Monitoring this star has been the responsibility of the Kepler mission for the past four years. In 2011, and later in 2013, two significant, and as yet unexplained, events took place. What do scientists really know? They know that the star dimmed because “something” passed in front of it large enough to block its light. The gringa says, “What the heck?”

In September scientists finally reported their theory and findings on what could possibly explain these strange events. They are blaming a “swarm” or “family” of comets. The gringa’s imagination begins whirling and thinks, “Or perhaps a fleet of starships.” Another theory suggests a cluster of planetary fragments and asteroids.

Scientists are using NASA’s Spitzer Space Telescope to probe deeper into this mystery. To learn more, scientists, who first studied the star using observations conducted in visible light, then tried using infrared light. This is because if asteroids were involved and actually impacted the star there will be a whole bunch of infrared light surrounding the star and the dusty old bits of gravel from a pulverized asteroid should be at the perfect temperature to glow like a firefly under infrared wavelengths.  And detecting infrared light is one of things the Spitzer Space Telescope is designed to do.

This year the Spitzer took a gander at star KIC 8462852 while looking at hundreds of thousands of stars in its search for planets. One thing in particular that Spitzer was looking for was infrared emission of space dust that encircled stars. Spitzer didn’t find any of this type of dust around star KIC 8462852 so scientists think the asteroid collision theory can probably be scratched.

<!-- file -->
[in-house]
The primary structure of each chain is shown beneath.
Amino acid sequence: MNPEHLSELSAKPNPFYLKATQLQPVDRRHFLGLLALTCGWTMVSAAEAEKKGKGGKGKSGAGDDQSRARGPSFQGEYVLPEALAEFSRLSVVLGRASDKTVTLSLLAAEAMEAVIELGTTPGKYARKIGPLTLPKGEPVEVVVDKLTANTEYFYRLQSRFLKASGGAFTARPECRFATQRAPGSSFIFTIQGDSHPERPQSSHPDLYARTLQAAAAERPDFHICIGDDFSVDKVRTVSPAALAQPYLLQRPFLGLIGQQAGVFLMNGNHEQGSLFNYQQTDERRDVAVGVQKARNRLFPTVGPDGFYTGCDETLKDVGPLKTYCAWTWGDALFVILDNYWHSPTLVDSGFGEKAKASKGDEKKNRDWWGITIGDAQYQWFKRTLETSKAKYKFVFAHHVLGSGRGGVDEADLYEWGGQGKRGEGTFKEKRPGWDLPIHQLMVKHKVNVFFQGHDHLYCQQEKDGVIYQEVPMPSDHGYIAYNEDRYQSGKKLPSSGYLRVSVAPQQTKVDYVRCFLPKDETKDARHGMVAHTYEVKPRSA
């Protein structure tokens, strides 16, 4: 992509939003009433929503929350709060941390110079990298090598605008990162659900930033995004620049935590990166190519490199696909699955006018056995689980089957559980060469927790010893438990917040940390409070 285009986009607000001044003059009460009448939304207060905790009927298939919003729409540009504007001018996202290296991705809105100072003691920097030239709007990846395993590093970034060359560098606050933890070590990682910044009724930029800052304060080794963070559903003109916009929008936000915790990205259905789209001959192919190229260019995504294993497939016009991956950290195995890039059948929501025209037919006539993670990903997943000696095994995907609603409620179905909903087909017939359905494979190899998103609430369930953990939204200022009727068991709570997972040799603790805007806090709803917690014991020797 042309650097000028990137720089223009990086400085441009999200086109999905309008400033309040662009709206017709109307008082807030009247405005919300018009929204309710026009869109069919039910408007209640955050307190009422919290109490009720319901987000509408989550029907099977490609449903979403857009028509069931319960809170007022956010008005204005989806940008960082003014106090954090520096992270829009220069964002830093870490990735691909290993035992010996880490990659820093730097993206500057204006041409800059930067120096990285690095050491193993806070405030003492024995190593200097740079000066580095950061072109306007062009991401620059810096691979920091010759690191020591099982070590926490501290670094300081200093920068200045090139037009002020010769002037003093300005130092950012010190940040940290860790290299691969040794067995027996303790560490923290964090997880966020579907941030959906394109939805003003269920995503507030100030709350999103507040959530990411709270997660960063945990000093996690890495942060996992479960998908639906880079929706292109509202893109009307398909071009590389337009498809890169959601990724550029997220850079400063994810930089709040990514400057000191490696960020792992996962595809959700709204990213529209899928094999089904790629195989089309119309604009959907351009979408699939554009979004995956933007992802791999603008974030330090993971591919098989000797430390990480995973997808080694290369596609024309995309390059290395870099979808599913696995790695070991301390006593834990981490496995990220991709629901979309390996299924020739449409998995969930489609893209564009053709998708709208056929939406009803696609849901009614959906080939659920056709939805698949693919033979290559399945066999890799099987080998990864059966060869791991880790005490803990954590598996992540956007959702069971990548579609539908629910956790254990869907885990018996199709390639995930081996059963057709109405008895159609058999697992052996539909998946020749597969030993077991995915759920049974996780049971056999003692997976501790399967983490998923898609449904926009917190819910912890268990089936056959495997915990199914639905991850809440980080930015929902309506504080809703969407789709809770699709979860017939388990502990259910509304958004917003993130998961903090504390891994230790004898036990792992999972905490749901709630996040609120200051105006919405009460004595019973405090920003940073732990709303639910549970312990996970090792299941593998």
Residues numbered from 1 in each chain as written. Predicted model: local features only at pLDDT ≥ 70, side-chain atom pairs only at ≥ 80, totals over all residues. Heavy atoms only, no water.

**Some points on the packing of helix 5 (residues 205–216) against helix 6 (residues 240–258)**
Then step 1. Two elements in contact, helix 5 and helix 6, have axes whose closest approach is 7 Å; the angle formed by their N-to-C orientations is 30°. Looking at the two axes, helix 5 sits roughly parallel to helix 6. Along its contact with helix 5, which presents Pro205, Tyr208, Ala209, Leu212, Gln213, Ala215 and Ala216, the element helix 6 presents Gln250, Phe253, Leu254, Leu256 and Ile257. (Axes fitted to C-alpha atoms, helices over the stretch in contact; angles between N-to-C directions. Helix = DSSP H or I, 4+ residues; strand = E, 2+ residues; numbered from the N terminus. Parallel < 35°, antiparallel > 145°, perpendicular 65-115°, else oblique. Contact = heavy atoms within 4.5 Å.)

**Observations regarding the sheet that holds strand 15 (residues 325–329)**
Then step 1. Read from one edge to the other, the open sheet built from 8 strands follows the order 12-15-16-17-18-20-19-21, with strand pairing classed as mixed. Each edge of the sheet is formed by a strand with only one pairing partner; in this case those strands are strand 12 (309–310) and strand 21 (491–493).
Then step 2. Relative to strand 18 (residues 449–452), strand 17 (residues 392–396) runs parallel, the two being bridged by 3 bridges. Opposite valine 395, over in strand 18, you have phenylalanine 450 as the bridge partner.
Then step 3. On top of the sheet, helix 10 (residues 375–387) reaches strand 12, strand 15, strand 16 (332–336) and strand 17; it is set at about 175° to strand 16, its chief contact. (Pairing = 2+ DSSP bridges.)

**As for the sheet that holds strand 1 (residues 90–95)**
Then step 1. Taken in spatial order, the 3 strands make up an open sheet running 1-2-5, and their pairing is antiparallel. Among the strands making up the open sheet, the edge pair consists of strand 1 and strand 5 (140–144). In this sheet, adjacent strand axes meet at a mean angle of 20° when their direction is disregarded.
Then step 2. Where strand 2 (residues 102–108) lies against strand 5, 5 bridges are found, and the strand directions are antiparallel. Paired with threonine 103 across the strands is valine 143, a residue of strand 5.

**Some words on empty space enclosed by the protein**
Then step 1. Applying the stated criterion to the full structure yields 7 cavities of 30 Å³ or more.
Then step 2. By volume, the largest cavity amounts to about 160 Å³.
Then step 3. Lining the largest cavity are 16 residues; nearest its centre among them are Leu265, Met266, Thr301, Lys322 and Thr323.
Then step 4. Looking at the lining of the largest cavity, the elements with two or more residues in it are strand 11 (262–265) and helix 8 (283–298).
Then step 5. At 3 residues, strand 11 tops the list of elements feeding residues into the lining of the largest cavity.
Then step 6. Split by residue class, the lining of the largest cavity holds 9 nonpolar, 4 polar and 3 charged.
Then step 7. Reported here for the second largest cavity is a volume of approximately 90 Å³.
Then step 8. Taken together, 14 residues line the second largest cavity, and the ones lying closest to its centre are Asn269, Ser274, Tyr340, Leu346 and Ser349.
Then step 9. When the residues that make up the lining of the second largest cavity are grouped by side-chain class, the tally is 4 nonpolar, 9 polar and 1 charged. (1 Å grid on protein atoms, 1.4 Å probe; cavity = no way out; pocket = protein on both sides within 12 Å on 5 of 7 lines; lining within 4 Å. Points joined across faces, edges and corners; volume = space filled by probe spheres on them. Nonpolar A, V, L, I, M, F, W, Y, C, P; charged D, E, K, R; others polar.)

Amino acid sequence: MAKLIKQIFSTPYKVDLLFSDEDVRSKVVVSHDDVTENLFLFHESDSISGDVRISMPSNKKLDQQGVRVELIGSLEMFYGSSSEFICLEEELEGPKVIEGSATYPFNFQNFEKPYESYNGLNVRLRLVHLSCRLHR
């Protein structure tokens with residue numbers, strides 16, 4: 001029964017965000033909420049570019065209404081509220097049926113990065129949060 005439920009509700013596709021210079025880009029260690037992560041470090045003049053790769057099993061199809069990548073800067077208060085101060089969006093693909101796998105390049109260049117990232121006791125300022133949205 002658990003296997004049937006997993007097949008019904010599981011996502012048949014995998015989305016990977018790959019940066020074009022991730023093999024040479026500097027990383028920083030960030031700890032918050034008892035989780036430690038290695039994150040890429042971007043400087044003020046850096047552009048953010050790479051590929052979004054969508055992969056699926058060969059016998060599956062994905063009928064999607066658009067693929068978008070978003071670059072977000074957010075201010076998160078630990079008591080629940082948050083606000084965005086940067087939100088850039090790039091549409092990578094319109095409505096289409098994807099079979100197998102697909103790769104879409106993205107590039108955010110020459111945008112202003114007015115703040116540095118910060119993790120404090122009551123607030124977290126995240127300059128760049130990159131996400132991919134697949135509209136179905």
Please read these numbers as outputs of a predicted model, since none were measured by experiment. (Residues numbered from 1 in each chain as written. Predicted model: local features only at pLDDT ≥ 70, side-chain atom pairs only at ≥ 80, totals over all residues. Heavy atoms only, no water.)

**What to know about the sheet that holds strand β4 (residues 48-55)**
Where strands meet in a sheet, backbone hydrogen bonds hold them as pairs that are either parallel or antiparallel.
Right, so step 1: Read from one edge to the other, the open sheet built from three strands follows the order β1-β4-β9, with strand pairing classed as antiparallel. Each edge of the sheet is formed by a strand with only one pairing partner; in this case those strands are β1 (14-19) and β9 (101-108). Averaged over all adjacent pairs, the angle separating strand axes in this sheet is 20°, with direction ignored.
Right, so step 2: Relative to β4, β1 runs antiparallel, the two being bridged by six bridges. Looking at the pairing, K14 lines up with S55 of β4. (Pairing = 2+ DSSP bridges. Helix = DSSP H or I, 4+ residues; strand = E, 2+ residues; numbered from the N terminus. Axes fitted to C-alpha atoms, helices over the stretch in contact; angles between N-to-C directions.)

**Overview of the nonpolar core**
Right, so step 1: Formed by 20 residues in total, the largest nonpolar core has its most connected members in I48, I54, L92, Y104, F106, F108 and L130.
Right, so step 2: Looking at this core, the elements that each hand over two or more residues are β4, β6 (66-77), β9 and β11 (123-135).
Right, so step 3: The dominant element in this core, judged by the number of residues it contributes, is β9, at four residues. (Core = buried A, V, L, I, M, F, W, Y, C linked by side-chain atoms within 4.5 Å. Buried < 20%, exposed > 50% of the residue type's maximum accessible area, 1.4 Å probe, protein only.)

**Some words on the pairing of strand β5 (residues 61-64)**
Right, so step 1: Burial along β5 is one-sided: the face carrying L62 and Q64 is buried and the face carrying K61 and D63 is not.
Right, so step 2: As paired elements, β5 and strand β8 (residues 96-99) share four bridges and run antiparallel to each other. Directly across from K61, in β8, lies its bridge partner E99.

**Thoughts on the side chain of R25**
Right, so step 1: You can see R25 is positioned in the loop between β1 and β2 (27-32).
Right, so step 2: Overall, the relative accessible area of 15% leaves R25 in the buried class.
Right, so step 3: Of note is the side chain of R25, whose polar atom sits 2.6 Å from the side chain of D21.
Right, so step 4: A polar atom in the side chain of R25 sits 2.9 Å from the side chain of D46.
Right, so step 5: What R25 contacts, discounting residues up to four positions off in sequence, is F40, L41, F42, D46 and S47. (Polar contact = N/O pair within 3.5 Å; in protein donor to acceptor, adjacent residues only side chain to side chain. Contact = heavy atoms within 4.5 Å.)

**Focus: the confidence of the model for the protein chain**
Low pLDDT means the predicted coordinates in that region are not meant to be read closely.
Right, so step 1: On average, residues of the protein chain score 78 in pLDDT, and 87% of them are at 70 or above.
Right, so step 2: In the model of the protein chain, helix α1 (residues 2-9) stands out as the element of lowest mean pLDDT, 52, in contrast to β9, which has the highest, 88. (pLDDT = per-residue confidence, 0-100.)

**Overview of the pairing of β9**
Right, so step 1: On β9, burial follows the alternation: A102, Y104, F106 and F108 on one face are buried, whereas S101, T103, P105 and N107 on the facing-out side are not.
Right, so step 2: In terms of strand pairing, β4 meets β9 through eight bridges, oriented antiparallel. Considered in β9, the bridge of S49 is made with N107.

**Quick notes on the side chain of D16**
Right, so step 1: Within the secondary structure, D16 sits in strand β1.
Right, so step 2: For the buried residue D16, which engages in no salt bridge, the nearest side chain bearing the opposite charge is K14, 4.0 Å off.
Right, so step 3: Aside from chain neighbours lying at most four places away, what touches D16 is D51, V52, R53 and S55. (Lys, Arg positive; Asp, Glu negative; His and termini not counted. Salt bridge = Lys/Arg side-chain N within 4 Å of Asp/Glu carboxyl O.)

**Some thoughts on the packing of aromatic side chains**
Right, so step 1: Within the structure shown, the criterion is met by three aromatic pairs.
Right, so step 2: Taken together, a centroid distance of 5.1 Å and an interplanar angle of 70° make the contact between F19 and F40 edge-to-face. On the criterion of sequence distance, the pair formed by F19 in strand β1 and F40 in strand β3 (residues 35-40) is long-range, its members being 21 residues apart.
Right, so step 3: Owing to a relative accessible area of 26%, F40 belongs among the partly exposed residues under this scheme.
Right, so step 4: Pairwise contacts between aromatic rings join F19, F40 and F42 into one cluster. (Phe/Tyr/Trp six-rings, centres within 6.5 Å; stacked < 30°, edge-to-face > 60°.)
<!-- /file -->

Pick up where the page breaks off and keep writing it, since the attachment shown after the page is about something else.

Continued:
So, the gringa wants to know just what their thinking is now. What the scientists seem to be leaning toward is the possibility of a “swarm” of cold comets. For such a theory to work, this cluster of comets would need to have an unusually long orbit around the star. They also call this theoretical comet cluster a “family” because it would require a “pack leader” to explain some of the phenomena. The larger “big daddy” that would be in the lead would have been the one to block the star’s light in 2011. In 2013 the rest of the family would have been passing through in front of the star and blocked the light again in the strange pattern that was recorded.  This would explain why in 2015, when Spitzer observed the star again, there were no infrared signatures. The comet “swarm” was long gone and probably around on the other side of the star in its orbit progression.

The gringa must confess to thinking, “Mm hmm. Scout ship shouts, ‘The coast is clear!’ and the support ships soon set a course for the coordinates.” Oh yes, what an imagination! But please don’t judge the gringa! I just couldn’t help myself when NASA itself goes and names a pulsar something like “Little Green Men-1”.

NASA admits that what is going on with this star is strange and not understood. Their interest is extremely piqued so study and research will continue until the curiosity of these scientists are satisfied. And I ask you, is that not the greatest job ever? For every little kid that has lain on their back in the grass in the dark of the night staring up at the stars and wondering if there really are “little green men” out there, is that not just the coolest job ever to grow up and get to do!

Source & Photo Credit: http://www.nasa.gov

 

 

 

Orbs In Orbit